As civil aviation authorities grapple with developing drone regulations in short order, tech-centric workplaces are also being forced to consider new policies on drones as they become cheaper and more ubiquitous in the tech world.
If you’re a coworking space or a company working in the startup sector, there’s a good chance you’ve already had a drone, or UAV (unmanned aerial vehicle), show up in your workplace… lord knows we’ve have more than a few at BizDojo. They’ve gone from being a little known military technology to an increasingly common part of the vernacular in conversations across a wide range of sectors - from innovative tools to deliver humanitarian relief to new ways to engage kids with nature and the outdoors (see: moose v drone). Callaghan Innovation is in the final throes of the C-Prize, which has them investing up to $110,000 plus development resources to the finalists, with a particular eye to improving the technology specifically for the film sector. And at the consumer level, you can pick up a basic model for under $50 USD.
It’s that last sentence that is of particular relevance here. I imagine that our reaction at the BizDojo to drones in the workplace likely mirrored the reaction of civil aviation authorities, municipalities, local law enforcement, and neighbours: it was a gradual one. (The US has only recently started regulating civilian drone operation; Canada has had laws on the books since 1996 but is being forced to tighten them with their growing popularity.) Curiosity gives way to benign novelty; novelty fades to mild concern over environmental impacts; and finally, as stakeholders increasingly vocalise their stands on the tiny buzzing instruments over their heads, an event happens that forces you to put guidelines in pace around this new, increasingly accessible, technology.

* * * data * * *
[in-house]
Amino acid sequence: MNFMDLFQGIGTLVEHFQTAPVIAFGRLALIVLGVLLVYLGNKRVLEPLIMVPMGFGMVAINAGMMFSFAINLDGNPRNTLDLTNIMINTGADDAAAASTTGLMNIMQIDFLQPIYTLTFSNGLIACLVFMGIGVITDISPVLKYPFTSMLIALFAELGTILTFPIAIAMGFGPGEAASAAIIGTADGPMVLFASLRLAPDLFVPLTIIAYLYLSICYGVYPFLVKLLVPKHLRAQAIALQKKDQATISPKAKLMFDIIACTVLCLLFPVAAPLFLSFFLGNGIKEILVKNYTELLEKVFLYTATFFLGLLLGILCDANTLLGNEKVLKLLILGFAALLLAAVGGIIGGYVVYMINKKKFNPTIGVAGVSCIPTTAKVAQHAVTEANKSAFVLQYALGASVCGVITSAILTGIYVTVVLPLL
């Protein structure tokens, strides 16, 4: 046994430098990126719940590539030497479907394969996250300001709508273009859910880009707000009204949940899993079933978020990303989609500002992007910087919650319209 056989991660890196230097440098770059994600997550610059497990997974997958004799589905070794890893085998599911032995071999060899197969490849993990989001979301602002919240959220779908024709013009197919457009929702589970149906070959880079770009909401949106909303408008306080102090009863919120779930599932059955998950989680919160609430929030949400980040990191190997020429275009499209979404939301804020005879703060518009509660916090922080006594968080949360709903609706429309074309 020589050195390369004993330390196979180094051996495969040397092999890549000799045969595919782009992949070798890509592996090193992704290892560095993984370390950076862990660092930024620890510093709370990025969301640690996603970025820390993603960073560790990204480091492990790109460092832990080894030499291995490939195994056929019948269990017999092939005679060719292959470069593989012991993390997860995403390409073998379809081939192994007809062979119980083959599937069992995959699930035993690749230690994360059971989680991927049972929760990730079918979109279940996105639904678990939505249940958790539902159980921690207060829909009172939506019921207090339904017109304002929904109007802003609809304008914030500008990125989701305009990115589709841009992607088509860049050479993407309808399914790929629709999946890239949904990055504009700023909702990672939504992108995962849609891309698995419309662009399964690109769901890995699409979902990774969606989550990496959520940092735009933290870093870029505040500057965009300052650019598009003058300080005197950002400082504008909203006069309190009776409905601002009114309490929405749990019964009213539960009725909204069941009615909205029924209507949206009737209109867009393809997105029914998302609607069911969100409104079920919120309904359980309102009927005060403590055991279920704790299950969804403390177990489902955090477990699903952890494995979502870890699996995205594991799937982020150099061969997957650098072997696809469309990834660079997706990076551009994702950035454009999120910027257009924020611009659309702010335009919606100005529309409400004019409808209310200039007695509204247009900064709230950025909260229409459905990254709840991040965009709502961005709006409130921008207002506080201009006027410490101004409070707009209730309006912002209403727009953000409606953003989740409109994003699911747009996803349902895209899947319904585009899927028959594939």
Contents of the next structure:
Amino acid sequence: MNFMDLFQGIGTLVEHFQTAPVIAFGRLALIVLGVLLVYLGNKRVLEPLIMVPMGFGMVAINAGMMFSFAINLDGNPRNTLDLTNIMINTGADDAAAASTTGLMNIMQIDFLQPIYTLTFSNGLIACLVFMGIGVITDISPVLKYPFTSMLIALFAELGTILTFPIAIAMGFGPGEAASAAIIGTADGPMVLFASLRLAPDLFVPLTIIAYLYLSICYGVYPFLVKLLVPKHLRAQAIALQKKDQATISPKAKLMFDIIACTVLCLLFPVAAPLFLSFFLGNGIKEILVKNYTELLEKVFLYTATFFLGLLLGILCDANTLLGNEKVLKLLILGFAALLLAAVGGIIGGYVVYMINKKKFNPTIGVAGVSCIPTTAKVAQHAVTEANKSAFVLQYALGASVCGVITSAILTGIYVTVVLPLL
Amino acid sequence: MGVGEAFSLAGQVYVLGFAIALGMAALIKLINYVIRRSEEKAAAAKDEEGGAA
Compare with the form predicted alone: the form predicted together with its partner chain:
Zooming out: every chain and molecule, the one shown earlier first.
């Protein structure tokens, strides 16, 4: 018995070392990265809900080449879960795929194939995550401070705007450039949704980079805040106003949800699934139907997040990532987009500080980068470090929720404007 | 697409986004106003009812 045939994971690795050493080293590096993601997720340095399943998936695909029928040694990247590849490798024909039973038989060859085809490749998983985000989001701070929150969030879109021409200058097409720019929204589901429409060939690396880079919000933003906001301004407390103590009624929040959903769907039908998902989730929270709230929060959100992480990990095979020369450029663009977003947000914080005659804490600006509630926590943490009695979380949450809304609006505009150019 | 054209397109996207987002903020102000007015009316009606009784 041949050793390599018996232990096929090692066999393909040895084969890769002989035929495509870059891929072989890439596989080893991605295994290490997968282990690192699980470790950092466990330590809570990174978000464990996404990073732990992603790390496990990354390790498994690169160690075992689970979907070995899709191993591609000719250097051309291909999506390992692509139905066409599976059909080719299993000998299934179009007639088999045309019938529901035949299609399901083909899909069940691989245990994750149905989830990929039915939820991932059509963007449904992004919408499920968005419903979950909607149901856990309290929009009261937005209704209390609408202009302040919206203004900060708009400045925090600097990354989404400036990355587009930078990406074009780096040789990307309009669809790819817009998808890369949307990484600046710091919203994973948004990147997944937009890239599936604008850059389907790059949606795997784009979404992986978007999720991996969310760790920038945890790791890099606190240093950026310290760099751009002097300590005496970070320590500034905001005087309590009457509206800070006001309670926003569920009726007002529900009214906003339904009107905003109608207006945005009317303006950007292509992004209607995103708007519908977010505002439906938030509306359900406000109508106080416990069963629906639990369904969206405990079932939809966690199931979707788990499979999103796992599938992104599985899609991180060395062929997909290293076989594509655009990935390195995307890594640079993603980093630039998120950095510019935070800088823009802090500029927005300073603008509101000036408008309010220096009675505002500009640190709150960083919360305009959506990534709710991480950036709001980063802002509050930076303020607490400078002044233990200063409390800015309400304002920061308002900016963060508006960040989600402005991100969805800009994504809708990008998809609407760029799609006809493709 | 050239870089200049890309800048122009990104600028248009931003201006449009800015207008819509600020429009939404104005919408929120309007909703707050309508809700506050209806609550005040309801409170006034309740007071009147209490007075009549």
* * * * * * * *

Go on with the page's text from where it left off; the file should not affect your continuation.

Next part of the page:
For Texas lawmakers, that event was a man shooting down a drone flying over his backyard. In LA, it was a massive power outage when one went head to head with a powerline in West Hollywood. For us at the BizDojo, it was a drone getting stuck above the ceiling panels in Auckland. What was meant to be a singular, brief demonstration of the drone’s flying capability resulted in the flying robot making a beeline for the roof, triggering a potential health and safety nightmare scenario as we debated ways of retrieving the wayward drone. Needless to say, it was time for us to enact a framework for drones in the Dojo.
I never like to assume that my opinion on something I don’t use is a universal one, so I took the question to the community: what were the possible perks of being able to fly drones inside? Does it contribute to the sense of the Dojo as an interesting, stimulating, experimental place to work? Conversely, were there any drawbacks we weren’t already aware of (noise clearly being the biggest issue, with health and safety a close second)? Was anyone worried about privacy?
The result was surprisingly uniform. Surprisingly (to me), the drone users were the first to suggest that drones shouldn’t be flown inside. We want the BizDojo to remain a space where people can test the latest gadgets and prototype their own, but we are also conscious of the fact that not everyone is happy to work in a makerspace - so when we turned it over to the community, we took their lead. We now have a line in our House Rules specifying that drones are welcome, but only in outdoor areas - and the Respect Rule, as with everything, applies. (We have yet to write a don’t drink and drone policy.)
Now if only it were so simple in the real world…
Sarin Moddle is the Community Manager at the BizDojo Auckland. Follow her on Twitter.